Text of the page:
Interview Expectations: What Hiring Managers Expect

Congratulations. After two months searching for an ideal career match, you receive a call and interview invitation… now what?

Blog Jan 2015 dont just stand thereLast week I had the pleasure to conduct interviews for an office administrator at Tropical Air of Central Florida. I reached out to Goodwill Industries and the Sanford Job Connection… a great move on my part. To be clear, the experience was fantastic as the group at Goodwill Industries were helpful, the offices excellent, and the candidates impressive.

After interviewing nine individuals, I recommended four to be extended a second interview. Calls will be going out later this week.

The following summarizes the experience (valuable information for anyone currently or planning on interviewing):

Gaining that second interview:

  • Looking the part: Though most were dressed appropriately, in a competitive market, what one wears does impact perception. The final four were dressed professionally, delivered well-written copies of their resumes, and presented themselves respectfully. Unfortunately, several candidates were not prepared with proper dress or resume.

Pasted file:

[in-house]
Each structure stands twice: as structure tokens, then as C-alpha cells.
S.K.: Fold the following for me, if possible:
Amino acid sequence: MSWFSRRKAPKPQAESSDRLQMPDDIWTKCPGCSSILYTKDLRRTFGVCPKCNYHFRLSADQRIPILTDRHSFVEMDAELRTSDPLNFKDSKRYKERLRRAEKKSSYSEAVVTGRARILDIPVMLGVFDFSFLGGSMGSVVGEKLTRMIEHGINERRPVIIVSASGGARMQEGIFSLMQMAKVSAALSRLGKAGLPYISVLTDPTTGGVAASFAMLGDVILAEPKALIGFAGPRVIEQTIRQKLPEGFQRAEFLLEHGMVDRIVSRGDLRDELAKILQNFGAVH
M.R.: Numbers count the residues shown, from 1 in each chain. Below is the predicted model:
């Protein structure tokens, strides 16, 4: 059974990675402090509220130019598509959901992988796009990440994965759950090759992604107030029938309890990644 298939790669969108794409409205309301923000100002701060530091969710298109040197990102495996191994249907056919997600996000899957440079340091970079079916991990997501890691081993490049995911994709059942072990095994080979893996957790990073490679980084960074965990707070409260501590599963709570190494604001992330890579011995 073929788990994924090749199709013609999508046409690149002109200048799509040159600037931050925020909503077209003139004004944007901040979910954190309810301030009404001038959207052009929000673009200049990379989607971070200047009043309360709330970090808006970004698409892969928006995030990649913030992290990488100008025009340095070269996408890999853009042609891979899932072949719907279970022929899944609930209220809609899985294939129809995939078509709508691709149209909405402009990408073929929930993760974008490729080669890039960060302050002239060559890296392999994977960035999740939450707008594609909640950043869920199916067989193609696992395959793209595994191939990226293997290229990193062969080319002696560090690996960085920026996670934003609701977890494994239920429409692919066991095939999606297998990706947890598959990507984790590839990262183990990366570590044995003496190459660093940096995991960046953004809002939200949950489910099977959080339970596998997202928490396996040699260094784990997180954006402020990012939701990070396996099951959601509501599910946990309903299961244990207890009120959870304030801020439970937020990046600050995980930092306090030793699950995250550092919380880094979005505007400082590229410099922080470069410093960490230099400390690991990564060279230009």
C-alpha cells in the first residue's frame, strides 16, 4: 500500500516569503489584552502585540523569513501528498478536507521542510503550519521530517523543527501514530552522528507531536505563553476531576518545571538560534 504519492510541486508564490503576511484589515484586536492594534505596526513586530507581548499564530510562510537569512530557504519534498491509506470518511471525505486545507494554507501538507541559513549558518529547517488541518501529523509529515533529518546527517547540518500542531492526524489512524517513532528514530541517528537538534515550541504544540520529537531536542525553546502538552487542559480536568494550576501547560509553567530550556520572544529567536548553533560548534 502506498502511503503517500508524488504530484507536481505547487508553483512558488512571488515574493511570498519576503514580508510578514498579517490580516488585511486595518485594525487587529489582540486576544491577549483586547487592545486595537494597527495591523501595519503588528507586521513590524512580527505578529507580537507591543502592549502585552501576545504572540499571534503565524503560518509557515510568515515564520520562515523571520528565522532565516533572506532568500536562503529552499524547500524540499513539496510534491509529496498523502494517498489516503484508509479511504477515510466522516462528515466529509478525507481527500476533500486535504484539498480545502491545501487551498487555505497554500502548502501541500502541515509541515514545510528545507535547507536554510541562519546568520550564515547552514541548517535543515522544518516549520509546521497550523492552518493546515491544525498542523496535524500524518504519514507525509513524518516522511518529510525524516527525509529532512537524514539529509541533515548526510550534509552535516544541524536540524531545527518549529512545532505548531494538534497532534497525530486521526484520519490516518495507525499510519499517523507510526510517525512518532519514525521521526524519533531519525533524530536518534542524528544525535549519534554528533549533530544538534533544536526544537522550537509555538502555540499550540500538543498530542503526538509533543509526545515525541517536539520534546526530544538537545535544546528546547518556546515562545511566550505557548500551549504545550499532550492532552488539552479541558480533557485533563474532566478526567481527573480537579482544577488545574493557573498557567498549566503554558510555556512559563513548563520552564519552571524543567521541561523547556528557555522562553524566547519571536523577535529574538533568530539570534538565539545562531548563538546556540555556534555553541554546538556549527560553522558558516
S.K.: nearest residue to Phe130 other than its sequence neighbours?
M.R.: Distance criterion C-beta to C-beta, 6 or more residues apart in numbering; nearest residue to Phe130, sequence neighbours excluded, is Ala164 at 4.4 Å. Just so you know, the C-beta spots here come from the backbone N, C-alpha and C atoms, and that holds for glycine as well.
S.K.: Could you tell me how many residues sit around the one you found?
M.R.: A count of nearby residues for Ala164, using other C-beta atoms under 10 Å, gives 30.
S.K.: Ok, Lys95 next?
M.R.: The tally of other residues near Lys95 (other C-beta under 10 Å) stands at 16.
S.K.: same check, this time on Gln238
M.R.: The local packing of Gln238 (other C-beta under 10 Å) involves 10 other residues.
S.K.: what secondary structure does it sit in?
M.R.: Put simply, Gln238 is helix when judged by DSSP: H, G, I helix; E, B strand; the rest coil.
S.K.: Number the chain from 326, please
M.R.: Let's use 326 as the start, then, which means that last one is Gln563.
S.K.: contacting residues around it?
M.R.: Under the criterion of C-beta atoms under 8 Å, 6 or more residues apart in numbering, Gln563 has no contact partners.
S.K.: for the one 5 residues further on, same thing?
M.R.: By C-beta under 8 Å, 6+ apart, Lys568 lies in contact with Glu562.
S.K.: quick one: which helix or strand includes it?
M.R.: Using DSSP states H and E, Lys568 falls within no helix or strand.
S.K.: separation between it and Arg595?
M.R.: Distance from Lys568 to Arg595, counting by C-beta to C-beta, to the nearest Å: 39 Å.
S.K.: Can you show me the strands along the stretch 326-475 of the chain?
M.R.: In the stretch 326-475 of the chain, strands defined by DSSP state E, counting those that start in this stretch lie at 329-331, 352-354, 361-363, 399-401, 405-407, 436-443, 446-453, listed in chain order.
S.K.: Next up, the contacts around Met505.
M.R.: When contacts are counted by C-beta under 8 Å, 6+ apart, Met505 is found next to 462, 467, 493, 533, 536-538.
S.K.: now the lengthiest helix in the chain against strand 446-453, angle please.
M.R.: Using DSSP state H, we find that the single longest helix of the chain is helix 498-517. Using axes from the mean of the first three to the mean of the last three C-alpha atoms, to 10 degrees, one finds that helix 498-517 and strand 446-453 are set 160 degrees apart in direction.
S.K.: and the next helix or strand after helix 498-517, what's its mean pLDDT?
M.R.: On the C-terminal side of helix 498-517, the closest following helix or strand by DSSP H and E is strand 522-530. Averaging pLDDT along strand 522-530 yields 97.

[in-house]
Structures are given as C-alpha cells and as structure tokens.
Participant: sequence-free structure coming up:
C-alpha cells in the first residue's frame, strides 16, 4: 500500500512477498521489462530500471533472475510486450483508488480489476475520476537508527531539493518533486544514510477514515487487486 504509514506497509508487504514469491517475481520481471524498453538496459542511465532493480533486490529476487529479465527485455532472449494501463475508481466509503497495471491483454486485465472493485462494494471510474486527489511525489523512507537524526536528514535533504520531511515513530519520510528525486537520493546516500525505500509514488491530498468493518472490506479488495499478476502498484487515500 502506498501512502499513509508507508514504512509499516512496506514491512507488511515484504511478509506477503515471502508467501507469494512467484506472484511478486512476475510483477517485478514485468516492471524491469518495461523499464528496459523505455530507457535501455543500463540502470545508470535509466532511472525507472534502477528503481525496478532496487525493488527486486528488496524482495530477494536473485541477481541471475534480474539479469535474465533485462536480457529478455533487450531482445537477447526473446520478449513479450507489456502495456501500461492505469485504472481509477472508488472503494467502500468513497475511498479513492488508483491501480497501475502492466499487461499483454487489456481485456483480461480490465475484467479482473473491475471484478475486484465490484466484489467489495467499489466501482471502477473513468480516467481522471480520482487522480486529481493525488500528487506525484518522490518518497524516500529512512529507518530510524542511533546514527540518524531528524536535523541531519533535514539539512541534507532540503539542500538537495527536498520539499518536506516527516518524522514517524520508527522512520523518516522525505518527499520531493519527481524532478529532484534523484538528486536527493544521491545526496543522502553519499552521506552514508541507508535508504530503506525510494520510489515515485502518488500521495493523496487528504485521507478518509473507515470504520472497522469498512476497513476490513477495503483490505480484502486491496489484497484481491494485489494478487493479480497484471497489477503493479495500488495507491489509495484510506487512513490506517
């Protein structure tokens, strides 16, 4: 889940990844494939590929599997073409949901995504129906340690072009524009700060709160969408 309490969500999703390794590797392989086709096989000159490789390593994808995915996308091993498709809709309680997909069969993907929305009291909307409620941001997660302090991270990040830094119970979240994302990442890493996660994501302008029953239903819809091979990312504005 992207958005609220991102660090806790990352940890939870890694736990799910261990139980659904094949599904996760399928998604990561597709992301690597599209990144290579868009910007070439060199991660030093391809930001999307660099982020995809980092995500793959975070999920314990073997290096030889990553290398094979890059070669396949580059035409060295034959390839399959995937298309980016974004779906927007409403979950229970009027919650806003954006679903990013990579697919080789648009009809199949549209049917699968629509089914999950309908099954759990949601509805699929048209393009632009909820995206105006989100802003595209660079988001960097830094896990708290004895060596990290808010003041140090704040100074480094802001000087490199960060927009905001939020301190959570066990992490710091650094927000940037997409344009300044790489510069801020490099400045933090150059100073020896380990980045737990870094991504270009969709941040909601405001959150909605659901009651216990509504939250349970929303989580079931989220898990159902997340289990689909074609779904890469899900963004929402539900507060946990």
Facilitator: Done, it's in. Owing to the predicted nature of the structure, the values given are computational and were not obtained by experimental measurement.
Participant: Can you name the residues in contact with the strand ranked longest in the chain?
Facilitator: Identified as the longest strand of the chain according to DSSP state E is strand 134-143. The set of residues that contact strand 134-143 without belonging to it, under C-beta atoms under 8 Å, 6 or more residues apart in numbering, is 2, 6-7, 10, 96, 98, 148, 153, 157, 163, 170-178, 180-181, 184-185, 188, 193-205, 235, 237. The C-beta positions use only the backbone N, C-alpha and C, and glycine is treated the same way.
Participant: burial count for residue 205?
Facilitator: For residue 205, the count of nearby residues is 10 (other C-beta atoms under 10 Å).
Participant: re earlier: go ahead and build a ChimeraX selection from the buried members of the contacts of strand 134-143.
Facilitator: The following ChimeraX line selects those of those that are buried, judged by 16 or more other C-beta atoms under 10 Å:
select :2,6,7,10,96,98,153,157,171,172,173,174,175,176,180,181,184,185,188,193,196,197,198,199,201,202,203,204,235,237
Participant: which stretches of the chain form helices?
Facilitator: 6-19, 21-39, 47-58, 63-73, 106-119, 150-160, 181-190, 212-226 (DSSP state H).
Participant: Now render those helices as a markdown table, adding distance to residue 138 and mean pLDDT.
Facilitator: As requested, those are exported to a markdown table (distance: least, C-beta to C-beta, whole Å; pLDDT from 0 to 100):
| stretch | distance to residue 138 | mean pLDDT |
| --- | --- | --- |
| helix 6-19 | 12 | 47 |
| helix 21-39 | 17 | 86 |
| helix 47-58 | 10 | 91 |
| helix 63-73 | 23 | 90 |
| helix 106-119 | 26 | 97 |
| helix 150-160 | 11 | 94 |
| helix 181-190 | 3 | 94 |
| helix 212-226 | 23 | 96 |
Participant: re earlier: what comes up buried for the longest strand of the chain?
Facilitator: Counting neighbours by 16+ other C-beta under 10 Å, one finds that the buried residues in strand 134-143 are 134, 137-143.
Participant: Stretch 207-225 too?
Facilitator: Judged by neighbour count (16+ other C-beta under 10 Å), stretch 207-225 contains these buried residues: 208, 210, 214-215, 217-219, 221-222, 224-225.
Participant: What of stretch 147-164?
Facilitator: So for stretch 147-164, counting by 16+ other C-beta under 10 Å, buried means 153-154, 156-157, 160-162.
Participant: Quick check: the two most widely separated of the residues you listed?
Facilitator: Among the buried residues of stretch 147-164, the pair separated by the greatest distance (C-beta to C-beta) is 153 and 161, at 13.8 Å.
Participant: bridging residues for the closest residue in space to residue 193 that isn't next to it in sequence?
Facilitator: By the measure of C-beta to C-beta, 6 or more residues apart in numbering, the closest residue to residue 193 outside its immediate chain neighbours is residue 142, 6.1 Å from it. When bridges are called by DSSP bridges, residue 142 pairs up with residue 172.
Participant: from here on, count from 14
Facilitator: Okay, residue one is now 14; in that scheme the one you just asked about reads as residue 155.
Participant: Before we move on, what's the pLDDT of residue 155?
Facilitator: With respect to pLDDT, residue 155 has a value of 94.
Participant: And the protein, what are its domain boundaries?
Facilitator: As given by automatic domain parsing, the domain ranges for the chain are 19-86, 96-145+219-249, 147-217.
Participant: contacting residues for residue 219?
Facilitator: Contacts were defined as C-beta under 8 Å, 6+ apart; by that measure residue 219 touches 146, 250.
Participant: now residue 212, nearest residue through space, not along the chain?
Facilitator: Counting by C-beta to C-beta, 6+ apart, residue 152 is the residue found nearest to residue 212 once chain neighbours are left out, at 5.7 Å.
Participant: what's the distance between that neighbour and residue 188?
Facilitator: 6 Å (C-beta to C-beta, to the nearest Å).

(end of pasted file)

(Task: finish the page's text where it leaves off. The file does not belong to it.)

• Focus and matchmaking: The four finalists knew what the job entailed and delivered details as to how their experience and career goals met what I was seeking. Encouraged by researching our company and industry, most of the interviews were fluid and conversational. Unfortunately, several knew nothing of the company and little of the position. Though some most likely could perform the job well, limited focus and research rarely impresses any hiring manager and can lead to a disconnect.
  • Communication: The finalist spoke with confidence, aptitude, and honesty. To be clear, these are characteristics all companies seek in potential employees.
  • Non-verbal elements: Interviews begin with a smile, then a handshake. If either element misses, candidates find themselves behind the eight-ball. On the “not-so” impressive side, I did have two candidates interview while chewing gum. I am one who perceives gum chewing during interviews low on the respect totem pole.

Overall, I am impressed with Goodwill Industries and the Sanford Job Connection Center, recommending their services and candidates without hesitation. To be specific, Alba Vazquez offered a great deal of help and support by coordinating and aligning qualified candidates in a hurry.